Midwest Window Systems, Inc., Plaintiff-appellant, v. Amcor Industries, Inc., Defendant-appellee, 630 F.2d 535 (7th Cir. 1980)Annotate this Case
Argued May 29, 1980. Decided Sept. 19, 1980
John Dale Stobbs, Alton, Ill., for plaintiff-appellant.
William G. Ohlhausen, St. Louis, Mo., for defendant-appellee.
Before CASTLE, Senior Circuit Judge, and SPRECHER and WOOD, Circuit Judges.
HARLINGTON WOOD, Jr., Circuit Judge.1
The issue is whether or not a contractual obligation to arbitrate a dispute arising between two parties to a distributorship agreement was waived. We hold that waiver occurred and reverse.
Midwest Window Systems, Inc. (Midwest) is an Illinois corporation engaged in the business of selling and installing window systems. Midwest, pursuant to the distributorship agreement which contained the arbitration agreement, purchased its window products from Amcor Industries, Inc., a Pennsylvania corporation (Amcor). The distributorship agreement provided that any dispute arising concerning the interpretation or application of any of the provisions of the agreement should be submitted to arbitration.
A dispute arose in 1979 which Midwest alleges was because of defects in Amcor's product, incorrect quantity deliveries, deliveries to wrong locations, incorrect freight charges, and other difficulties with pending orders and accounts. Amcor and Midwest thereafter met and reached agreement. Amcor agreed to complete all pending orders by July 31, 1979. On the basis of that assurance, Midwest alleges it gave Amcor two promissory judgment notes each in the amount of $45,645.36, due respectively on July 31, 1979, the date the deliveries were to be completed by Amcor, and August 31, 1979. Amcor failed to make the deliveries, Midwest alleges, but even so, relying on assurances from Amcor, Midwest proceeded to pay its first note. However, the failure of Amcor to deliver continued, it is claimed, causing Midwest difficulties with its own contracts for installation of Amcor's product. Midwest then advised Amcor that it would make no further payments on the second note until their continuing dispute could be resolved. Also at issue were back charges, credits, and offsets which Midwest claimed against Amcor totaling an amount almost equal to the second note.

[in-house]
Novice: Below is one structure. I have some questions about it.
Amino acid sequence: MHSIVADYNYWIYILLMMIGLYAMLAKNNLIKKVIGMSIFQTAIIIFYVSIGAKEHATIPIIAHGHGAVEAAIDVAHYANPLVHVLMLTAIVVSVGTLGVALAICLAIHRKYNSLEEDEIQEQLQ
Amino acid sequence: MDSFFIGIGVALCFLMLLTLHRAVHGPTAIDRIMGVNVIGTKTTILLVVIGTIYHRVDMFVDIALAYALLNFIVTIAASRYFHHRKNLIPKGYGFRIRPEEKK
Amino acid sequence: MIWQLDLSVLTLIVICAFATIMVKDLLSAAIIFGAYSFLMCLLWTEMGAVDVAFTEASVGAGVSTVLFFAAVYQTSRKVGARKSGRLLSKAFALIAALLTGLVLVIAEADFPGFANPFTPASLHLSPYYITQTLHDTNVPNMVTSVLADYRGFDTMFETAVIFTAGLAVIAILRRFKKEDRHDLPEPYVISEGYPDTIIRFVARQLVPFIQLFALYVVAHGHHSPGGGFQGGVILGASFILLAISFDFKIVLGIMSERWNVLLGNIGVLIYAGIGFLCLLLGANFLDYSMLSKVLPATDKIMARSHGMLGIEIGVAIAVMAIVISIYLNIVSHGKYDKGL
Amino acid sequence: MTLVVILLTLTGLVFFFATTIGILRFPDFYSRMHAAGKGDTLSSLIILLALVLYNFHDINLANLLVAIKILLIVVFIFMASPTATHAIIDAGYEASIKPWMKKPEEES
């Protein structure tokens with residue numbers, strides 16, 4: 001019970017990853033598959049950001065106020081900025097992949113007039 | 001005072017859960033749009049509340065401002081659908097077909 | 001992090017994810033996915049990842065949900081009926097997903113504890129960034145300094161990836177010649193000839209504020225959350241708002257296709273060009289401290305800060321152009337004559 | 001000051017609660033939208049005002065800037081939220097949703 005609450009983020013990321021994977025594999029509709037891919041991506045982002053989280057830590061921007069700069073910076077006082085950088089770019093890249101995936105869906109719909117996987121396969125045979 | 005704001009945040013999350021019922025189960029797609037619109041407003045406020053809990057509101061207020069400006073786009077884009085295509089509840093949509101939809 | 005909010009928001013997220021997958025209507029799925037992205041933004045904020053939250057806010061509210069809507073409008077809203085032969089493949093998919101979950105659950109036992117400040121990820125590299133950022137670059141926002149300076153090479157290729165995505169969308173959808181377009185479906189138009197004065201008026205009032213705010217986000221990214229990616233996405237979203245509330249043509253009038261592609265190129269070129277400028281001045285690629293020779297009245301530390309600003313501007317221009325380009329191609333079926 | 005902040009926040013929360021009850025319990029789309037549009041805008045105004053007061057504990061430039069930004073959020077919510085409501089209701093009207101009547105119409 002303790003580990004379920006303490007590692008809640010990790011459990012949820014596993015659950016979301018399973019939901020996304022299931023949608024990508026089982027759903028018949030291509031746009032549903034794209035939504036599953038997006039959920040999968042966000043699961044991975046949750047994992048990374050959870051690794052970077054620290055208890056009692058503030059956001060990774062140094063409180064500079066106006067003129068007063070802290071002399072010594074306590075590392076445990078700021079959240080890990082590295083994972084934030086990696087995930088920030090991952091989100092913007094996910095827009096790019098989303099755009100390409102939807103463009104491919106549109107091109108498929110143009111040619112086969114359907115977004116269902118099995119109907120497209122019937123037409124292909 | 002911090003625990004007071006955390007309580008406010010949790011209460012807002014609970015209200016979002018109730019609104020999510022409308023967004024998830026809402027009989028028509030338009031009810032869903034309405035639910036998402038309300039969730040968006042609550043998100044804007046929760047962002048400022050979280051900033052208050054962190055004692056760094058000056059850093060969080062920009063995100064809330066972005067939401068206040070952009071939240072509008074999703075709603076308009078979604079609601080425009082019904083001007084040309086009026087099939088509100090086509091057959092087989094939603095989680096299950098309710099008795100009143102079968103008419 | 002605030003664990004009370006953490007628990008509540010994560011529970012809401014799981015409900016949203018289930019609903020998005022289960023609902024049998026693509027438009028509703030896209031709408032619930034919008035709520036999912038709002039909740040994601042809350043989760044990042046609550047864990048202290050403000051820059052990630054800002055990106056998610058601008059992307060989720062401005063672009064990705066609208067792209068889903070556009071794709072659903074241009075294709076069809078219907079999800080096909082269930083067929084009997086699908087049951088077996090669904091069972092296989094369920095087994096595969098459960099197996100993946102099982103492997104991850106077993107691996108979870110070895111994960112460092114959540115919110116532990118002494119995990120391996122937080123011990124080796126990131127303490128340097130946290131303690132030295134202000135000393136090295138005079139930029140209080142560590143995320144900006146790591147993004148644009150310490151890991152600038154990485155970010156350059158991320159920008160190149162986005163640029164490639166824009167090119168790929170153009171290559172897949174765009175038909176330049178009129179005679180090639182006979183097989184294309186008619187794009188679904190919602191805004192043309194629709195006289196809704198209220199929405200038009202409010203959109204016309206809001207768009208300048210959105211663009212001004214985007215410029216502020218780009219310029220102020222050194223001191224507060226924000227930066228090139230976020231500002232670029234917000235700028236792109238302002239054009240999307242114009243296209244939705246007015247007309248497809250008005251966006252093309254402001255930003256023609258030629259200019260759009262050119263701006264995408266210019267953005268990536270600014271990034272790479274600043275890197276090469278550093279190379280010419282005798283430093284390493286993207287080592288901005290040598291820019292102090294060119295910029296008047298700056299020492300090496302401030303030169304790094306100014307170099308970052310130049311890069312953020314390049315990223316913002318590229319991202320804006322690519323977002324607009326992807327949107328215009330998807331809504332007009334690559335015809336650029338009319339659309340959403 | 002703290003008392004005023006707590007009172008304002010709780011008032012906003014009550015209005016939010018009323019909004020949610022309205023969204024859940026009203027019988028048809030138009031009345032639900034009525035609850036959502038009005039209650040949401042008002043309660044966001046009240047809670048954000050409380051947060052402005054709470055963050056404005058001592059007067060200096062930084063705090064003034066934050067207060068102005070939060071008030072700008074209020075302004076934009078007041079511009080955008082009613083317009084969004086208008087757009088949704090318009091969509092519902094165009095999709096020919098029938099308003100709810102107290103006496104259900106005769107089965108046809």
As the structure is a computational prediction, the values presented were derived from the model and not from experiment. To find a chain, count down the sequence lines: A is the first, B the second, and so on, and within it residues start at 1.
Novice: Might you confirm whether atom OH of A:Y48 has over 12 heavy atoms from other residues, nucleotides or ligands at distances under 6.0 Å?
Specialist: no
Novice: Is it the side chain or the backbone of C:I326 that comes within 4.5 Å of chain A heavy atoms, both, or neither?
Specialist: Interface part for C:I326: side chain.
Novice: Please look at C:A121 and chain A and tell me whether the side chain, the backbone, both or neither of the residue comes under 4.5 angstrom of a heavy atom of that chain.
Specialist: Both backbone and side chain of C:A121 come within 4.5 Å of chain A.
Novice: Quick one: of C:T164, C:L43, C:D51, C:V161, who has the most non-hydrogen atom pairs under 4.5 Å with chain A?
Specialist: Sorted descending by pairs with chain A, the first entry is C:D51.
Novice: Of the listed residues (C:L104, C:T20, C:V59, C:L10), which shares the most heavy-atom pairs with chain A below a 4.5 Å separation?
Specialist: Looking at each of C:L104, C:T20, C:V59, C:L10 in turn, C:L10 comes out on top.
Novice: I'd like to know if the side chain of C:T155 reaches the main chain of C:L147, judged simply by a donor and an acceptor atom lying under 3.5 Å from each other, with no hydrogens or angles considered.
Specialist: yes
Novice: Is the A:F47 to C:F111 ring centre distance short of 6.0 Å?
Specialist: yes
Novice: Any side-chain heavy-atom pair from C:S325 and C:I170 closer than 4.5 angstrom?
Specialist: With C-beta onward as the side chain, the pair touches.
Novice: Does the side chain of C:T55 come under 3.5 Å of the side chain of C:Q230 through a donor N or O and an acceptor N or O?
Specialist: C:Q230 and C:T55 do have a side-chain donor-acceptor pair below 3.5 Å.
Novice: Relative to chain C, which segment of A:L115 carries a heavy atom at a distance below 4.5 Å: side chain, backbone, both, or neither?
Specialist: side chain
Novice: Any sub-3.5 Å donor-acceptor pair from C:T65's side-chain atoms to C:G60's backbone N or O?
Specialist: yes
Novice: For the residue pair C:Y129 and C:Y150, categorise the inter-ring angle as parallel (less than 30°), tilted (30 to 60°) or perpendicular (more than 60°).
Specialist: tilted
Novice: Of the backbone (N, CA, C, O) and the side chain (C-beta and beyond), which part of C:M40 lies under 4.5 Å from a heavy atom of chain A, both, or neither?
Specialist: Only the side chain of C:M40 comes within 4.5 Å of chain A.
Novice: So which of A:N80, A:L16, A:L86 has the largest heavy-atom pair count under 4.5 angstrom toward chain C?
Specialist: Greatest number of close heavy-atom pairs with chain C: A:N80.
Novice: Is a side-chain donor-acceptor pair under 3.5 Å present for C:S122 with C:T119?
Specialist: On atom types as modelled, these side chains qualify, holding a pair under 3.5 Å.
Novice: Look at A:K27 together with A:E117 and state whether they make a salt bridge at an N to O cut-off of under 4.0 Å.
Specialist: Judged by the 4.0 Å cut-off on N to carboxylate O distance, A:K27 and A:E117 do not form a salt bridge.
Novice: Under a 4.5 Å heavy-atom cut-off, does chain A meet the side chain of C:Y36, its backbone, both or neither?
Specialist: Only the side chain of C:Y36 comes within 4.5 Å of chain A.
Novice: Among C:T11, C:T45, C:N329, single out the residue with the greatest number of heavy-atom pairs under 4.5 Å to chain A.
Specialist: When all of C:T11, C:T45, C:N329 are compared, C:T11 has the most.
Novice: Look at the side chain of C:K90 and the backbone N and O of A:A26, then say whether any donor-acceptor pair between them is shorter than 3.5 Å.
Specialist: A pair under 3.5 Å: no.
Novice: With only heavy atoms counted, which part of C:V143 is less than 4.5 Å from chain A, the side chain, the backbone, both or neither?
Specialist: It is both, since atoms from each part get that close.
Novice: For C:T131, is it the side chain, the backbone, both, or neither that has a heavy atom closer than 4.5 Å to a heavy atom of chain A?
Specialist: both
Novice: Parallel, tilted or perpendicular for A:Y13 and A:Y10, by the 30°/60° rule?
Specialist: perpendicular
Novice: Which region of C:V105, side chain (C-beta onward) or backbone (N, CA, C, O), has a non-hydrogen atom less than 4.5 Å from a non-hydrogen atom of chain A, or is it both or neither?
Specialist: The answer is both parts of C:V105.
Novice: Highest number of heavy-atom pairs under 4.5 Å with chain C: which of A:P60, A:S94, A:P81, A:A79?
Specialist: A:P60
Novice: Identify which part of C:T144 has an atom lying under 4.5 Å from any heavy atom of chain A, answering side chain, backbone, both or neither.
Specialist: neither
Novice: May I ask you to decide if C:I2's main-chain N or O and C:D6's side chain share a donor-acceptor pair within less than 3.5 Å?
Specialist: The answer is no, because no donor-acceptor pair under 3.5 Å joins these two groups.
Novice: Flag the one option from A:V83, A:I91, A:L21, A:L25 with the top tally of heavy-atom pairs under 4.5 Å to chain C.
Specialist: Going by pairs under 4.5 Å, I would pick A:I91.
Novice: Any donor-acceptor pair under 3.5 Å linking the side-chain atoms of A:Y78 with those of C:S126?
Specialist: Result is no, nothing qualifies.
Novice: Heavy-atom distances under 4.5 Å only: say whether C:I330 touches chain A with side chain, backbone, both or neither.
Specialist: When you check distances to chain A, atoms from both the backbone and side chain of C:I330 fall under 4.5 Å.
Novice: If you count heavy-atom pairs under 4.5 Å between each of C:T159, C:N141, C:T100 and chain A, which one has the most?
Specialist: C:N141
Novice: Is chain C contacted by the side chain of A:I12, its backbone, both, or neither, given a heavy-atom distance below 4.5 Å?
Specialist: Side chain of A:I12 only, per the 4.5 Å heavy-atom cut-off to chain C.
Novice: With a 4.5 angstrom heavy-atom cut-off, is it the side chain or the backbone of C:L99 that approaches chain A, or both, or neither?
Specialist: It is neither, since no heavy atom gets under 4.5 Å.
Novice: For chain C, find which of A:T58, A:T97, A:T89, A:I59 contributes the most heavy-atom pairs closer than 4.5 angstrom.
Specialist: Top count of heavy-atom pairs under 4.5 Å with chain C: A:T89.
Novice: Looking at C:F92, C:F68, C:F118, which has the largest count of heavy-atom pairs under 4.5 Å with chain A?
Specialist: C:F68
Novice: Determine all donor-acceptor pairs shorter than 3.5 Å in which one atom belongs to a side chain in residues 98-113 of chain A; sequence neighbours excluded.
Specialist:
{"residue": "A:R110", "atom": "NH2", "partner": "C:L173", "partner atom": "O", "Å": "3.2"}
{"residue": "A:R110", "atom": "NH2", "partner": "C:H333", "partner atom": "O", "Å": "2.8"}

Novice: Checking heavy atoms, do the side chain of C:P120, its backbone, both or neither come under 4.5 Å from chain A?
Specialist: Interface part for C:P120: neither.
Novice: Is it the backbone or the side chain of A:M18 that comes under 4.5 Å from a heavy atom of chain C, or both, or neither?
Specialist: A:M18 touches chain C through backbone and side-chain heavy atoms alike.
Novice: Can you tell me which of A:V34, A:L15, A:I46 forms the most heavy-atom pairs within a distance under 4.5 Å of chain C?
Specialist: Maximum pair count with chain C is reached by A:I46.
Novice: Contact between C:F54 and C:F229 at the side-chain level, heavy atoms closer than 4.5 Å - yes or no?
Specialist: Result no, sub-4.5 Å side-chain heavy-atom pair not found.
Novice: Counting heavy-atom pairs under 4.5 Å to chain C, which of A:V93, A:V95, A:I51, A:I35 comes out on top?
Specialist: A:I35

Amcor responded on September 11, 1979, by taking judgment in the Western District of Pennsylvania on the first note in part and the second note in full together with interest and attorneys' fees, the latter being in the amount of $13,663.60. The total judgment was $61,875.76.
In its own defense, Midwest promptly did two things. First, on September 21, 1979, Midwest filed a complaint against Amcor in the Southern District of Illinois. The complaint alleged breach of contract for delivery failures, breach of warranties, and fraud in connection with the notes. Thereafter Amcor moved to stay that proceeding and to compel arbitration.
Second, within about three days after filing its own suit in Illinois, Midwest moved in the Pennsylvania court to open the judgment on the notes on the basis of the allegations similar to those contained in its Illinois complaint. That motion was allowed and Midwest filed its answer. The Pennsylvania court transferred the case to the Southern District of Illinois for consolidation with the suit of Midwest against Amcor. On November 30, 1979, the Illinois court allowed Amcor's motion and directed arbitration in the suit filed by Midwest in Illinois. This appeal followed.
We recognize a strong federal policy favoring arbitration and that waiver of arbitration is not lightly to be inferred. Amcor, however, disregarding the waiver provision, initially endeavored to secure an advantage over Midwest by taking judgment on the notes in Pennsylvania. After the strong counterattack by Midwest, Amcor, however, moved successfully for arbitration in the Illinois suit filed by Midwest against it.2
Amcor recognizes that arbitration is waivable, Burton-Dixie Corp. v. Timothy McCarthy Construction Co., Inc., 436 F.2d 405 (5th Cir. 1971), but argues that the proceeding it filed in Pennsylvania to reduce the notes to judgment did not actually submit to the court the outstanding disputes between the parties. Confessing judgment on a note, it explains, is only a summary proceeding without judicial determination and therefore does not constitute a waiver of its right of arbitration. Up to that point, Amcor is correct, but a confession proceeding commonly triggers a full hearing on the underlying merits so that a full judicial determination is necessary and unavoidable. Amcor further attempts to minimize its original avoidance of arbitration by arguing that it "simply attempted to enforce a confession of judgment in an amount on which the parties had agreed." It was not that simple and possibly not that innocent. The so-called "agreed" amount is contested and an allegation of fraud has been raised as to the notes and their use. As a result of the Illinois arbitration order we now have two pending lawsuits with an arbitration proceeding added, all growing out of the same set of circumstances.